'How pleasant it is to spend an evening in this way! I declare that after all there is no enjoyment like reading! How much sooner one tires of any thing than of a book! — When I have a house of my own, I shall be miserable if I have not an excellent library.' No one made any reply. She then yawned again, threw aside her book, and cast her eyes round the room in quest of some amusement. — from Pride and Prejudice, by Jane Austen (1775-1817)
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March 6, 2013

Something to work toward



My life has deepened unspeakably during the last year ... And my happiness has deepened too ... Few women,  I fear have had such reasons as I have to think the long sad years of youth were worth living for the sake of middle age.  ... So goodbye, dear 1857! May I be able to look back on 1858 with an equal satisfaction of advancement in work and heart.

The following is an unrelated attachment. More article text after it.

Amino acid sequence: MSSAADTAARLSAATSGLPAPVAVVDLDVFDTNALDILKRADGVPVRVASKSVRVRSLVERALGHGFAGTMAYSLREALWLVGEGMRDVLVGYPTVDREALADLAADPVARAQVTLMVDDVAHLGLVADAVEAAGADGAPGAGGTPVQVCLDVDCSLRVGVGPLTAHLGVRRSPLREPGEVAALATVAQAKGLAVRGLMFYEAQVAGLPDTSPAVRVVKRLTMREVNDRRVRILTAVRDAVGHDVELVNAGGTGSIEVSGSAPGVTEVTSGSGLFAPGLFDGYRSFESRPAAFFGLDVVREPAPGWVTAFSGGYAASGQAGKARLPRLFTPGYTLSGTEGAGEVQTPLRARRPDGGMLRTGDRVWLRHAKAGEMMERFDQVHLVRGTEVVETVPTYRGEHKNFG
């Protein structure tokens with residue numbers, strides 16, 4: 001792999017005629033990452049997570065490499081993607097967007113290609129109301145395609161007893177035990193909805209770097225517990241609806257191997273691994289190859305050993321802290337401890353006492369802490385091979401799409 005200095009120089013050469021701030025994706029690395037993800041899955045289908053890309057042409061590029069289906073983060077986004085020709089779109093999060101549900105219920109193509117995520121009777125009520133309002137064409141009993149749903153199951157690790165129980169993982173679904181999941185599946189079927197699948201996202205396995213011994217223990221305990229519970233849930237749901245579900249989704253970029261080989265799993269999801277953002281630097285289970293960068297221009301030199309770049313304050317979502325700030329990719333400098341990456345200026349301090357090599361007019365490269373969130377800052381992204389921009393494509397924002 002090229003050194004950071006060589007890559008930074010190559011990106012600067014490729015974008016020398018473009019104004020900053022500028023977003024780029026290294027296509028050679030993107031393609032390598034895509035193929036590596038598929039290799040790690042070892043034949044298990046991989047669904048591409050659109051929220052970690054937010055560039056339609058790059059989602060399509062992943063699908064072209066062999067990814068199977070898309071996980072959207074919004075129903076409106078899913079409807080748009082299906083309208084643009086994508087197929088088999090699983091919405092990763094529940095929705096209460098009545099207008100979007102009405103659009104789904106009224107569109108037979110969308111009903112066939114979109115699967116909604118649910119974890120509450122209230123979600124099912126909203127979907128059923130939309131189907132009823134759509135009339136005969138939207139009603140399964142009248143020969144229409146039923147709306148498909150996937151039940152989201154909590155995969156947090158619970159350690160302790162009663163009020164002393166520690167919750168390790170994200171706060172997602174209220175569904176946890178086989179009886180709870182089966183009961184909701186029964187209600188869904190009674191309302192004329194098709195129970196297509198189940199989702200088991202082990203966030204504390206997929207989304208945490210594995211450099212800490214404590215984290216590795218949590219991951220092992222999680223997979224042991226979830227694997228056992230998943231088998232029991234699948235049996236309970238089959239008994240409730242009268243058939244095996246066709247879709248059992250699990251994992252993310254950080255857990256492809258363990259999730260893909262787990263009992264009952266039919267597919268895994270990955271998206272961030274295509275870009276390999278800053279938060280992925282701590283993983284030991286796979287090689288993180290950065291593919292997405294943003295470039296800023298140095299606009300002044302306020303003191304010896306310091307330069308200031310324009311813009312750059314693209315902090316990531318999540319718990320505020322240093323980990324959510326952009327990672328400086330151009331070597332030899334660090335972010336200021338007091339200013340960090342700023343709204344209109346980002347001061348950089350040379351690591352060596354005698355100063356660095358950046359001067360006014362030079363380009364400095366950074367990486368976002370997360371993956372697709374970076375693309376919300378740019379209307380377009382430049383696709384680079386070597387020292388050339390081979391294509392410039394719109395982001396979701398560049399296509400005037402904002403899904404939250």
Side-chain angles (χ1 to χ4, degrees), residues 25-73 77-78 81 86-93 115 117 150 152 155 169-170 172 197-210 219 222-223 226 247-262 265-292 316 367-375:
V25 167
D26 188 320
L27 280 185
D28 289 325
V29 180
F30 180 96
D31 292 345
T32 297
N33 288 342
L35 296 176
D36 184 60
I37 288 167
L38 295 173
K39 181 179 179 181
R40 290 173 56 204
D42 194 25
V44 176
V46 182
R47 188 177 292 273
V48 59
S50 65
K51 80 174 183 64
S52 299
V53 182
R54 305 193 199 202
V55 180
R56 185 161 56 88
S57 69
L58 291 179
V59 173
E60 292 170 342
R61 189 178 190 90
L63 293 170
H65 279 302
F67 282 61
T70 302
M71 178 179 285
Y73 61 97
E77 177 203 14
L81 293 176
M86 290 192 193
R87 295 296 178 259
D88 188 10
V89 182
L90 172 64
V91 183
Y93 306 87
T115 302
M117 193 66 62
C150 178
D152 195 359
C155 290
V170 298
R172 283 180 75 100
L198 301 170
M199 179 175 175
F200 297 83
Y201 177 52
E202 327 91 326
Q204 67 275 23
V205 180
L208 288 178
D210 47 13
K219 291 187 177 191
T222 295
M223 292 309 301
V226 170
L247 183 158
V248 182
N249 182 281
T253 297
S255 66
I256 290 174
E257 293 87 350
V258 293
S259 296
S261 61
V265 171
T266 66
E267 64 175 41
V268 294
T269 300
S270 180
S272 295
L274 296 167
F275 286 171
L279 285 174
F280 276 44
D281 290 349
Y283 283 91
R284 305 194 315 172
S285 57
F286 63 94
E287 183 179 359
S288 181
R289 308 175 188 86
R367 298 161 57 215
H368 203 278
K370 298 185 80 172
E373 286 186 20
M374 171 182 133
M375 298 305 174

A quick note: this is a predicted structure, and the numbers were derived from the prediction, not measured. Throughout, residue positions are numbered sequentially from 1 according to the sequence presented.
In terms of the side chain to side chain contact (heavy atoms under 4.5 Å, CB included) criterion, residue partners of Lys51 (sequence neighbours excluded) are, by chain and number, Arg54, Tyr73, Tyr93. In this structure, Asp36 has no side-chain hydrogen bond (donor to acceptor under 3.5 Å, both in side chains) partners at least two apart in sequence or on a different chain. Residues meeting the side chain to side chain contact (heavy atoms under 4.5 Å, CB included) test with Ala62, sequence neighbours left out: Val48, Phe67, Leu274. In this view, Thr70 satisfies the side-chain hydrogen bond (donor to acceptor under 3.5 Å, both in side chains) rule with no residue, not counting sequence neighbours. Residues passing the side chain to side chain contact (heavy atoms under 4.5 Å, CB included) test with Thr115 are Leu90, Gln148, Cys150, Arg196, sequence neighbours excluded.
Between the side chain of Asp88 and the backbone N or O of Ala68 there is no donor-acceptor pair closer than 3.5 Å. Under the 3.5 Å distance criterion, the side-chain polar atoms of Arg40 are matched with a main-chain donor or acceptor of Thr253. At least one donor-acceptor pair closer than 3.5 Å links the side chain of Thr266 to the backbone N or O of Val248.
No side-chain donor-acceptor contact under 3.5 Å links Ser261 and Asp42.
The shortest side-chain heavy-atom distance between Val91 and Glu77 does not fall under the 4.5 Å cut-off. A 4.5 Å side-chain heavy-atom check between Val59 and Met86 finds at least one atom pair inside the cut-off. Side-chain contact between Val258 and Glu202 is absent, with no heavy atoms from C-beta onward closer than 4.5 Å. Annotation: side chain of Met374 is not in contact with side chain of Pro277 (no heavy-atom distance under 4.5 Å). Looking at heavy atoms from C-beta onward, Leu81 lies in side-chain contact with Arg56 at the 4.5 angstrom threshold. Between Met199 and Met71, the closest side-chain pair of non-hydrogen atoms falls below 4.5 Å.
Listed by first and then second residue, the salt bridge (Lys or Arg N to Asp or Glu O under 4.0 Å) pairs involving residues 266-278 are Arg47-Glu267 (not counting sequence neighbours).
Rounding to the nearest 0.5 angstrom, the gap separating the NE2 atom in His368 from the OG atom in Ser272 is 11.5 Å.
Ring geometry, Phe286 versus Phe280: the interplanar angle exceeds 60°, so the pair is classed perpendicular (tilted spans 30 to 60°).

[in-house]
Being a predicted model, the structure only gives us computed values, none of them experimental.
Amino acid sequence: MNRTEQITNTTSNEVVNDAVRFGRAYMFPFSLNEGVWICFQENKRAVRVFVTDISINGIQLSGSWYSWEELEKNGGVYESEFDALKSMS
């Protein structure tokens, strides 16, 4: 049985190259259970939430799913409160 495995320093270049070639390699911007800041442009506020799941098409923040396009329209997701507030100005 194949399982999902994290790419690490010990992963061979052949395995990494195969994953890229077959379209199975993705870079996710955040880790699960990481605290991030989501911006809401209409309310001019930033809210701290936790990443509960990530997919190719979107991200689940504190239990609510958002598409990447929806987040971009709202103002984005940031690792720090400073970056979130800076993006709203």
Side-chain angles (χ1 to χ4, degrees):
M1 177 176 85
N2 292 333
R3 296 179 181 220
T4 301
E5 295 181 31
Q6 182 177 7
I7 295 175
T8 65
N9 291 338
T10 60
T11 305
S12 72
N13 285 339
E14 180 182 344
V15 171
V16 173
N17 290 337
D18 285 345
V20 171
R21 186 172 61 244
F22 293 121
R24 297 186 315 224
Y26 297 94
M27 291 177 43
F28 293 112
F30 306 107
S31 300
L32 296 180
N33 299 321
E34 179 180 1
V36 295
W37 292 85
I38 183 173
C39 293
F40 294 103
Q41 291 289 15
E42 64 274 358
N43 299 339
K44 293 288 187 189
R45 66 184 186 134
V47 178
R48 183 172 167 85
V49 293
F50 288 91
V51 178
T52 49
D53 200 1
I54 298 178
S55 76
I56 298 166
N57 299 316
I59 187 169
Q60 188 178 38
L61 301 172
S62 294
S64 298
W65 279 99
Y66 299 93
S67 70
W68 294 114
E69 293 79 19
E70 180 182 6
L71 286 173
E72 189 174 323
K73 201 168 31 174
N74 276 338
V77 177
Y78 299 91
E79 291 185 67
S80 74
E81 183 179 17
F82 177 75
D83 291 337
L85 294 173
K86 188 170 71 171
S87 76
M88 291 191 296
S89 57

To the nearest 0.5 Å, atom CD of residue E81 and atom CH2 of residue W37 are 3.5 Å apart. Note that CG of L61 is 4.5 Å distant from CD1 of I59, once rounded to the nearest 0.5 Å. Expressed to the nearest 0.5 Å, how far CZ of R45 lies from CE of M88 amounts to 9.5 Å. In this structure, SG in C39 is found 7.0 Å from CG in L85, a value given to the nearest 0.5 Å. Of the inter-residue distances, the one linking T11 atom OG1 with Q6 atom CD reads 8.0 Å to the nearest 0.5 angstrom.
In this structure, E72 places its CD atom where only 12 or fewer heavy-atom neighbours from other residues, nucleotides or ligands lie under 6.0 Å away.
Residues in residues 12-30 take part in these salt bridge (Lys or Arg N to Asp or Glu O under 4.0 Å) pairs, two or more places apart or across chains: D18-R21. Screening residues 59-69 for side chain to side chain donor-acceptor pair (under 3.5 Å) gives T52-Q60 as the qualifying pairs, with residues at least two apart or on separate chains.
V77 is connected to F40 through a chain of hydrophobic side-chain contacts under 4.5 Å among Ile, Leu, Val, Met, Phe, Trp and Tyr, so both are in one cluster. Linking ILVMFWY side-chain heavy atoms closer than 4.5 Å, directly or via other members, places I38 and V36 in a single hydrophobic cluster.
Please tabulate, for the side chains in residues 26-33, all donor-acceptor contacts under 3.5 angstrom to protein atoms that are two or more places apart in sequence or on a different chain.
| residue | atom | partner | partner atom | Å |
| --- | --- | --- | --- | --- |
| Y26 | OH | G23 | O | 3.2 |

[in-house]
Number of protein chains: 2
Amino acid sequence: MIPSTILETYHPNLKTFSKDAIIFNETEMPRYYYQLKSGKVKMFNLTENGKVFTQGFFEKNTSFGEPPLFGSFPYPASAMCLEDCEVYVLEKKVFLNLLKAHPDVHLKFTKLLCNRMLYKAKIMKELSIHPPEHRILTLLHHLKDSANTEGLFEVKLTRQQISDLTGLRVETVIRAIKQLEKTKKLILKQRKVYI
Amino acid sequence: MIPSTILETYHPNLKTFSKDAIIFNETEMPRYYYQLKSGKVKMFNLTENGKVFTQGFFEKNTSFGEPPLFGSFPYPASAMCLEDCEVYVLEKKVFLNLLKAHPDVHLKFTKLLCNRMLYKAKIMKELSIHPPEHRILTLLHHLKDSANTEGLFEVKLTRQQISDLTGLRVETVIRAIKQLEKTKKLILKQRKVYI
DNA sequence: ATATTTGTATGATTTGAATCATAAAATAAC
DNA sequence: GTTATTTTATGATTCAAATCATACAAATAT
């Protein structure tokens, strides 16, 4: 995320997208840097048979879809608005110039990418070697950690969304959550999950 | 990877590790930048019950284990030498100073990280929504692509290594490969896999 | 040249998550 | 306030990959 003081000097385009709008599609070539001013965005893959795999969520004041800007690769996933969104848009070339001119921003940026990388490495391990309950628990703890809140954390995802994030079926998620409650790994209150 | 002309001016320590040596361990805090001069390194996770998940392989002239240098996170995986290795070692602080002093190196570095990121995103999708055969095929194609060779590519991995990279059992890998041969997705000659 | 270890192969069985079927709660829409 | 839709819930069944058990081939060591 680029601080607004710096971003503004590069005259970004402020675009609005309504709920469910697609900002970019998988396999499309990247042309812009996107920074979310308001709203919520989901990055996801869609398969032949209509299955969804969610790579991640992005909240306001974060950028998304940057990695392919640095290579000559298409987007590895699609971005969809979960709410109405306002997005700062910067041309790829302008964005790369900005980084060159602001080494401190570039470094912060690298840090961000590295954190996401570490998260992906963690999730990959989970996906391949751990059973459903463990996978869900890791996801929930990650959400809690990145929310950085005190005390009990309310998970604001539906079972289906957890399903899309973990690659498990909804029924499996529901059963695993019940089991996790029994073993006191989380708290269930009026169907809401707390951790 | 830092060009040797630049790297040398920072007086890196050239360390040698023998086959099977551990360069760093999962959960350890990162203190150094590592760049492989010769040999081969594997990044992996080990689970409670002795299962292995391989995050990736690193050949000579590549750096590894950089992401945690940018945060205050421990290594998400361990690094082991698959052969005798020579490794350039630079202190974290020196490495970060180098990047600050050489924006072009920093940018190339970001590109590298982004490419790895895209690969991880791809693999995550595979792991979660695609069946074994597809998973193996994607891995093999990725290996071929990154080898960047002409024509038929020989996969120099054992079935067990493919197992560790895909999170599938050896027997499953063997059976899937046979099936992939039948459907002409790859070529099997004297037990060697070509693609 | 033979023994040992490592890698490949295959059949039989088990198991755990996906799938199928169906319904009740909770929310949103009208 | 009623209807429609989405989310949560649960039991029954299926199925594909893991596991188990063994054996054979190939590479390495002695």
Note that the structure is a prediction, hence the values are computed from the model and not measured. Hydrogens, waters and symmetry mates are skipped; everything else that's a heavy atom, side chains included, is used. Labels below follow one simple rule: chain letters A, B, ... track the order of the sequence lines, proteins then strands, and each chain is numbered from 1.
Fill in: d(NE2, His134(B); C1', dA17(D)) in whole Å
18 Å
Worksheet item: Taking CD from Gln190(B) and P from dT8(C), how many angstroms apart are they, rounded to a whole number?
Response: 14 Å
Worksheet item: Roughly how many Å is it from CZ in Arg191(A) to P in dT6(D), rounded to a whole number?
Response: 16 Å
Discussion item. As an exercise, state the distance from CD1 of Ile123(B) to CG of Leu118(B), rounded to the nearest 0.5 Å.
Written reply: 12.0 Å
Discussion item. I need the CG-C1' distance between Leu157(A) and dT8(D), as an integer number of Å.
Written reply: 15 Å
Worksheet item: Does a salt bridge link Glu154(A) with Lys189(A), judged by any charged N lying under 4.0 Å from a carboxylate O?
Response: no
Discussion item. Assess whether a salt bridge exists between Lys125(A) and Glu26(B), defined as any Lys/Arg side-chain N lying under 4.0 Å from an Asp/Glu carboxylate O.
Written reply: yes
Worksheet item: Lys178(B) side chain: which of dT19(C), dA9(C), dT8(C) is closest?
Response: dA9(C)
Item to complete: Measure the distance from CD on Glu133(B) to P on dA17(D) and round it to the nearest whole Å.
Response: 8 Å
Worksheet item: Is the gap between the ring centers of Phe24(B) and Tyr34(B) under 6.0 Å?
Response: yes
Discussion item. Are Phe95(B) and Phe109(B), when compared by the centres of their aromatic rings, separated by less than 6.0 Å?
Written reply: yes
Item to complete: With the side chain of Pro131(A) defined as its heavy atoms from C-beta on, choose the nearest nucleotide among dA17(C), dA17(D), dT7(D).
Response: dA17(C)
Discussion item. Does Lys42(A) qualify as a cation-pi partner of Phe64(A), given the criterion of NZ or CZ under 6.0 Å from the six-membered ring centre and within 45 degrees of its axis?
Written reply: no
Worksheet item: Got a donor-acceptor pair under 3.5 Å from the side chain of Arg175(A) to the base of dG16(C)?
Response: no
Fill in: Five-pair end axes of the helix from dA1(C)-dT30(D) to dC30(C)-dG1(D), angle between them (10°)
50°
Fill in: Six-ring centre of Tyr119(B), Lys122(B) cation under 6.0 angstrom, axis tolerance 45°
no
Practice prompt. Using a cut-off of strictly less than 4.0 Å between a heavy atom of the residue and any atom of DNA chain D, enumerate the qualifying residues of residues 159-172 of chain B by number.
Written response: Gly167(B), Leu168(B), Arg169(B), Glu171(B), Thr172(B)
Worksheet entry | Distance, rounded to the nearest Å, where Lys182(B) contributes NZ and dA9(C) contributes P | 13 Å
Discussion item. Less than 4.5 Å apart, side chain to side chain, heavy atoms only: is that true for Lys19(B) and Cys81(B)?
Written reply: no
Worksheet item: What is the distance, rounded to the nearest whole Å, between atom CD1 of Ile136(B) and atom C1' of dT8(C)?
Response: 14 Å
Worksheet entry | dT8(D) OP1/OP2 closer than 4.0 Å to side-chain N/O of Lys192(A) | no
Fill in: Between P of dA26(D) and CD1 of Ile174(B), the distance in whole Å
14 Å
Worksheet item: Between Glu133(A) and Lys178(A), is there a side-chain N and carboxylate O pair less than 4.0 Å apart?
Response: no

from George Eliot in Love, by Brenda Maddox
 
It doesn't fit exactly -- not the 'long sad years of youth' part  -- but when I read this on my rainy ride home I 'm pretty sure I sighed out loud. Middle age, I've got, and a good life, and my fair share of work and happiness.  But wouldn't it be wonderful to see them deepening unspeakably {what an amazing phrase!} and to look back with that equal satisfaction ... equal meaning that it's been found once again?  :)


1 comment:

Vintage Reading said...

What a fabulous quote! Reminds me why I love George Eliot. Thanks for posting it.

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